When hair is wet, it absorbs water and swells. As it dries it releases water and shrivels. The shrinking and swelling can lead to hair damage called hygral fatigue.
What is polarity?
Water atoms are polar. This means that the atoms on one end have a negative charge whilst the atoms on the other end have a positive charge. Polar and non-polar atoms do not mix.
Generally, oils are non-polar but some oils have polar regions on them. This polarity gives them benefits to natural hair that non-polar oils do not have.
Polarity is relative - some oils have more polarity than others.
Examples of Relatively More Polar Oils
Examples of Non-polar Oils
When a polar oil makes its way into the hair fibre it reinforces it from inside and strengthens the structure. The higher the concentration of saturated fatty acids and monounsaturated fatty acids the better the ability of the oil to penetrate hair.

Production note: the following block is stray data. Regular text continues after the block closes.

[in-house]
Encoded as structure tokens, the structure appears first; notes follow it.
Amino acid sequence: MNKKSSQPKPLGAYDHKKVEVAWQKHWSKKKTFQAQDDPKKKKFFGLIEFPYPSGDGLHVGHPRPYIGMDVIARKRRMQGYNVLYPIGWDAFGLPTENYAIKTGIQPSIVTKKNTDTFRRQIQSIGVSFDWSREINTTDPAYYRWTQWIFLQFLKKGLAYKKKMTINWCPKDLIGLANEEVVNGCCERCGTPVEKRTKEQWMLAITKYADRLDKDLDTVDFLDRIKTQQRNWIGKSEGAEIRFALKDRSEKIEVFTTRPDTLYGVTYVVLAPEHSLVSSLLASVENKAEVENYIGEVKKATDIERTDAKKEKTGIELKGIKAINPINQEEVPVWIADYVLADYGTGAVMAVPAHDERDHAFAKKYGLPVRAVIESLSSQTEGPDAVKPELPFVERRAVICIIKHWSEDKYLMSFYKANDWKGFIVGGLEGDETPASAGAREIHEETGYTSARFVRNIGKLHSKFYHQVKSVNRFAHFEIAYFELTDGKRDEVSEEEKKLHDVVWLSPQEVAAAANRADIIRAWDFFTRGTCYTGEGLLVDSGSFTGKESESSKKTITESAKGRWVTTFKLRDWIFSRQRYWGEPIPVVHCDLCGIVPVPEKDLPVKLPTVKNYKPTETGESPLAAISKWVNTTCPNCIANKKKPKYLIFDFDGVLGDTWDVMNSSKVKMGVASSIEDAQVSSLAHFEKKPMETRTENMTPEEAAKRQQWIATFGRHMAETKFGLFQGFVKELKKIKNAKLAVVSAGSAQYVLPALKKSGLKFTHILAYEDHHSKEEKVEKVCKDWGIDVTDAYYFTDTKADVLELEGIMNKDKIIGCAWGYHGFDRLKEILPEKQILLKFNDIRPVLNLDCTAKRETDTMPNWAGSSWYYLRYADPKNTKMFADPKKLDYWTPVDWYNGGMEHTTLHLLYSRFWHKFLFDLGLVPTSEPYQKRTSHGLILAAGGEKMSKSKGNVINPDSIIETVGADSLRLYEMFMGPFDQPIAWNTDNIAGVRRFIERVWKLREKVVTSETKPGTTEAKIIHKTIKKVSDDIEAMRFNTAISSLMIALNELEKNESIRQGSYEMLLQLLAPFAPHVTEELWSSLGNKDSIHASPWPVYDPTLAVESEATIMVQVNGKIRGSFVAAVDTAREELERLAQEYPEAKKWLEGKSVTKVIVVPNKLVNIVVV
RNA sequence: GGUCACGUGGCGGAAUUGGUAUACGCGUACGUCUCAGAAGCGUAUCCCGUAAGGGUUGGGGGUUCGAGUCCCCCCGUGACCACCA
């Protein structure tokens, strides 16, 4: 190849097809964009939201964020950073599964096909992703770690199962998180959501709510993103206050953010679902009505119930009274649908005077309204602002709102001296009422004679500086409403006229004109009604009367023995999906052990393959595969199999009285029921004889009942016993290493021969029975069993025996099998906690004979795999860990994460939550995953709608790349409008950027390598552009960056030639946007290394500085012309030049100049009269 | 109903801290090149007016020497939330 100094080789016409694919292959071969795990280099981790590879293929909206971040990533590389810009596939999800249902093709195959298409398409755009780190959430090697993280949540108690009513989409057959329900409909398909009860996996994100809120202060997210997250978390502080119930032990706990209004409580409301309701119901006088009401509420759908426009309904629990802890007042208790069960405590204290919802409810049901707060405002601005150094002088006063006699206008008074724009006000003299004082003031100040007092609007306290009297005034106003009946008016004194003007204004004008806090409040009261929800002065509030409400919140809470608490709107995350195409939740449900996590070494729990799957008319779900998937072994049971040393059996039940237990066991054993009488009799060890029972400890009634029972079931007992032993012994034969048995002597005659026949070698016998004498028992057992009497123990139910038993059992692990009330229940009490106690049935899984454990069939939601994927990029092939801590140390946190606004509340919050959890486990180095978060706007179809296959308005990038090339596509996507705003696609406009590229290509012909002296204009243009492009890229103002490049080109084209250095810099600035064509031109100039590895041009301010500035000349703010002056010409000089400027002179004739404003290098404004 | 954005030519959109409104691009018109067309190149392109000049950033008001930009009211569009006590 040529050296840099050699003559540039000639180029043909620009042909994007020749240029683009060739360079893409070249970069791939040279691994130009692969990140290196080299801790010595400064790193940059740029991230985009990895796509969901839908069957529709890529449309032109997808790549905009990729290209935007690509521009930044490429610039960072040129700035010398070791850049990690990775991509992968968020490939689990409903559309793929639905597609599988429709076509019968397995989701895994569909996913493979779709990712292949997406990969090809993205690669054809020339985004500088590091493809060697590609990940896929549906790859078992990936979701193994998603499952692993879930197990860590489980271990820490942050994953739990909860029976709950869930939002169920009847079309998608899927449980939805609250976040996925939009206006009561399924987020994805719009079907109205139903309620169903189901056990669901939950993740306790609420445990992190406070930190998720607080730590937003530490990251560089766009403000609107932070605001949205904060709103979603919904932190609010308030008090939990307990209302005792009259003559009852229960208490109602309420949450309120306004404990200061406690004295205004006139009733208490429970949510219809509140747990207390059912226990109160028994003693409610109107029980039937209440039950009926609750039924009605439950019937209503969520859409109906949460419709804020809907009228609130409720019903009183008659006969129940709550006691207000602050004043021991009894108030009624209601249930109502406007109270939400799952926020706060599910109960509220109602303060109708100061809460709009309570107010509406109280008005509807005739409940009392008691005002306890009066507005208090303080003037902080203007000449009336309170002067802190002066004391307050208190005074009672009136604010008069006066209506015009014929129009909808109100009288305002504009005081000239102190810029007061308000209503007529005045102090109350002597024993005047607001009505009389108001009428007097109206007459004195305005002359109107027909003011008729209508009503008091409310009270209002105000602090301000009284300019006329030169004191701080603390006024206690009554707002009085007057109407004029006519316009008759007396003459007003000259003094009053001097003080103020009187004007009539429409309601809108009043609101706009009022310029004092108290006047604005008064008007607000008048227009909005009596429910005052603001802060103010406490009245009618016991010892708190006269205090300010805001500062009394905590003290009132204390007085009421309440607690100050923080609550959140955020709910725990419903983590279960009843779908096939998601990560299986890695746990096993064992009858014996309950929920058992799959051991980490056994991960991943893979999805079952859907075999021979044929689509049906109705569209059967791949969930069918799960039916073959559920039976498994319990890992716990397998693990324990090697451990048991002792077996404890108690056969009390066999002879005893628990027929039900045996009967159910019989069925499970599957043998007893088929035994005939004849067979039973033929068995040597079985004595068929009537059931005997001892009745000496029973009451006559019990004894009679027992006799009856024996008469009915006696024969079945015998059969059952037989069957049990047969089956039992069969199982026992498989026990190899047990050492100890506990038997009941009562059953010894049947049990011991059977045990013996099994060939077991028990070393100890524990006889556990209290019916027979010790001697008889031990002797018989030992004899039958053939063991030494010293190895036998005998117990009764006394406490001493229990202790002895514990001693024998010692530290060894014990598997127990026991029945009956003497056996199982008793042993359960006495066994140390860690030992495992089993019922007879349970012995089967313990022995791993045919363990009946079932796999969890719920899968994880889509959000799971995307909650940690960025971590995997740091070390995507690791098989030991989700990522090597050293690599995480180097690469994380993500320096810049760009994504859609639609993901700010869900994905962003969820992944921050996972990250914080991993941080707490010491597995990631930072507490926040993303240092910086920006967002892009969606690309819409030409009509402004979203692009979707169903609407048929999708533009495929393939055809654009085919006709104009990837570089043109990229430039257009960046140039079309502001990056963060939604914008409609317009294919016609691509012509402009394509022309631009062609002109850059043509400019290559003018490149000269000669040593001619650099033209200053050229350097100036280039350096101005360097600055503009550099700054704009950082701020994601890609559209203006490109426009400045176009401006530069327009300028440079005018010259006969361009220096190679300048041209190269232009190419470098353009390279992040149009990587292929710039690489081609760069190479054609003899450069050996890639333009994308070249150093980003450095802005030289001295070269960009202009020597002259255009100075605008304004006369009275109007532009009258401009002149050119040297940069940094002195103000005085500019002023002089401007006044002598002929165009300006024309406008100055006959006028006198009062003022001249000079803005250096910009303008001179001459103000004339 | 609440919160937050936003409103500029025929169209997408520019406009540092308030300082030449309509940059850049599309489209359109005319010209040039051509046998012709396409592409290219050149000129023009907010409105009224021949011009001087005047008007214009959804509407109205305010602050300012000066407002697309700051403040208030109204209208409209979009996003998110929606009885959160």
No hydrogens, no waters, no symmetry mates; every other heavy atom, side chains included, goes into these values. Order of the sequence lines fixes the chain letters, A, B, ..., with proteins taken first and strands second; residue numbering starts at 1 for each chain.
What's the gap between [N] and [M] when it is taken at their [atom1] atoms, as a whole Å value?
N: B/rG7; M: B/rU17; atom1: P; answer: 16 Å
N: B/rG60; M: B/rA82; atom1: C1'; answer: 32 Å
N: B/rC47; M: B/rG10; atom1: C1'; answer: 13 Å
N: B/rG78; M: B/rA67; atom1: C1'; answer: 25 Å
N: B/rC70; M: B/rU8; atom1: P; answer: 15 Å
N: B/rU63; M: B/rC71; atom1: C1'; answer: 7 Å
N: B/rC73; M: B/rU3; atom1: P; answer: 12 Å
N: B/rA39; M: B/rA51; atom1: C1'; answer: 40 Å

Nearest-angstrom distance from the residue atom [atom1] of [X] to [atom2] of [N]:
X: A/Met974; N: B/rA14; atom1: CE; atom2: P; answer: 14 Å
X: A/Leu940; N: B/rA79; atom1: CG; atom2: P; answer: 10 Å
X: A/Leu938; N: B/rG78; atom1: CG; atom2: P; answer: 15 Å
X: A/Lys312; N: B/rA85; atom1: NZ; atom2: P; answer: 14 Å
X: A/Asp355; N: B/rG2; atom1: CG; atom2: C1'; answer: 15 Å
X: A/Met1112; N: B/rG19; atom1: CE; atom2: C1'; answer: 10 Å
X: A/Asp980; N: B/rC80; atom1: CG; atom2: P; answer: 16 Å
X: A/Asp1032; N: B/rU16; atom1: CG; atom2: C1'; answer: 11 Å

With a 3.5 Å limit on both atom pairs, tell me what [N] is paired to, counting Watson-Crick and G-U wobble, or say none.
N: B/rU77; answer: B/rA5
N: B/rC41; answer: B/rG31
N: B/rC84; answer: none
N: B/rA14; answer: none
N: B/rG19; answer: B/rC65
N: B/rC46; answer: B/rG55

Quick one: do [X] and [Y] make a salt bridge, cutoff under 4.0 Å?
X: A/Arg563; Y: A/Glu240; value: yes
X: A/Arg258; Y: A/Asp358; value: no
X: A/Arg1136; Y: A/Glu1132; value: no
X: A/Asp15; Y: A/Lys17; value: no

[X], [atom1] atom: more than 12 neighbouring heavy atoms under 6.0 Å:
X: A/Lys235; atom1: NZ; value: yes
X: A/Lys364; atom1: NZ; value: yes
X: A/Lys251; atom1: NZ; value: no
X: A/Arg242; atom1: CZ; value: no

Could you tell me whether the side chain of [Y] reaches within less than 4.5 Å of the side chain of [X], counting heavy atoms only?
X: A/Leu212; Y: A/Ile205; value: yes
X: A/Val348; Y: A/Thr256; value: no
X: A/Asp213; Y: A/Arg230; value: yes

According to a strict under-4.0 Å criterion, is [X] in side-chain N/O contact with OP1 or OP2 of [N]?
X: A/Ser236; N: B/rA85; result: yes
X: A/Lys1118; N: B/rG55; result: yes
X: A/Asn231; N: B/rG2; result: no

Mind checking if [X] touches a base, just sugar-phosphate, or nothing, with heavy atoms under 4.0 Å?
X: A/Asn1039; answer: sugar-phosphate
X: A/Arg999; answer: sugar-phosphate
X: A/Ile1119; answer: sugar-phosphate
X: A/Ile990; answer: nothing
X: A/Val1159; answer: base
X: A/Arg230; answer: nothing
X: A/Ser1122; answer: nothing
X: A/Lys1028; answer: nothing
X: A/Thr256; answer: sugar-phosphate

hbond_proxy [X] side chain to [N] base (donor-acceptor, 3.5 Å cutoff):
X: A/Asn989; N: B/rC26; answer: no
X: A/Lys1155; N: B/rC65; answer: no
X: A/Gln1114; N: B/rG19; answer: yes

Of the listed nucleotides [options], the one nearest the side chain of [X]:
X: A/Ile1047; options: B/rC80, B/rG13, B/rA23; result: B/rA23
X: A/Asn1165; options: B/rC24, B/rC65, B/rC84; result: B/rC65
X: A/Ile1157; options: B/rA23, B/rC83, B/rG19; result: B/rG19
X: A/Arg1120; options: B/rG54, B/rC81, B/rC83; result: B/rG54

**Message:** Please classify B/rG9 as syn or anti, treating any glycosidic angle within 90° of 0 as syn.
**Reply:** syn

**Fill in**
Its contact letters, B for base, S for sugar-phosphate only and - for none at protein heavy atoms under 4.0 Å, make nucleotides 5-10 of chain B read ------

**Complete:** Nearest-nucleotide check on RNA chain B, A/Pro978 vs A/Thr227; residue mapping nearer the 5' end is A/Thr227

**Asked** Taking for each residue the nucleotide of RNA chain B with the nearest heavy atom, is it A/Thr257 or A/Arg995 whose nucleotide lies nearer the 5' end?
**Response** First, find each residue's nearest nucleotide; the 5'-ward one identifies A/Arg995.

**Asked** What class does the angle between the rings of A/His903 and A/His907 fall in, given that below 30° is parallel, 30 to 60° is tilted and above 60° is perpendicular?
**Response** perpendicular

According to the Science of Black Hair, researchers have discovered that using polar oils such as coconut oil as a pre-shampoo treatment can protect the fibre against hygral fatigue.
Coconut oil and other polar oils prevents hair damage from hygral fatigue by reducing the extent to which the hair swells.
However, if you choose to pre-poo, make sure to do so with a polar oil. Using a non-polar oil will make it very tough to moisturise your hair.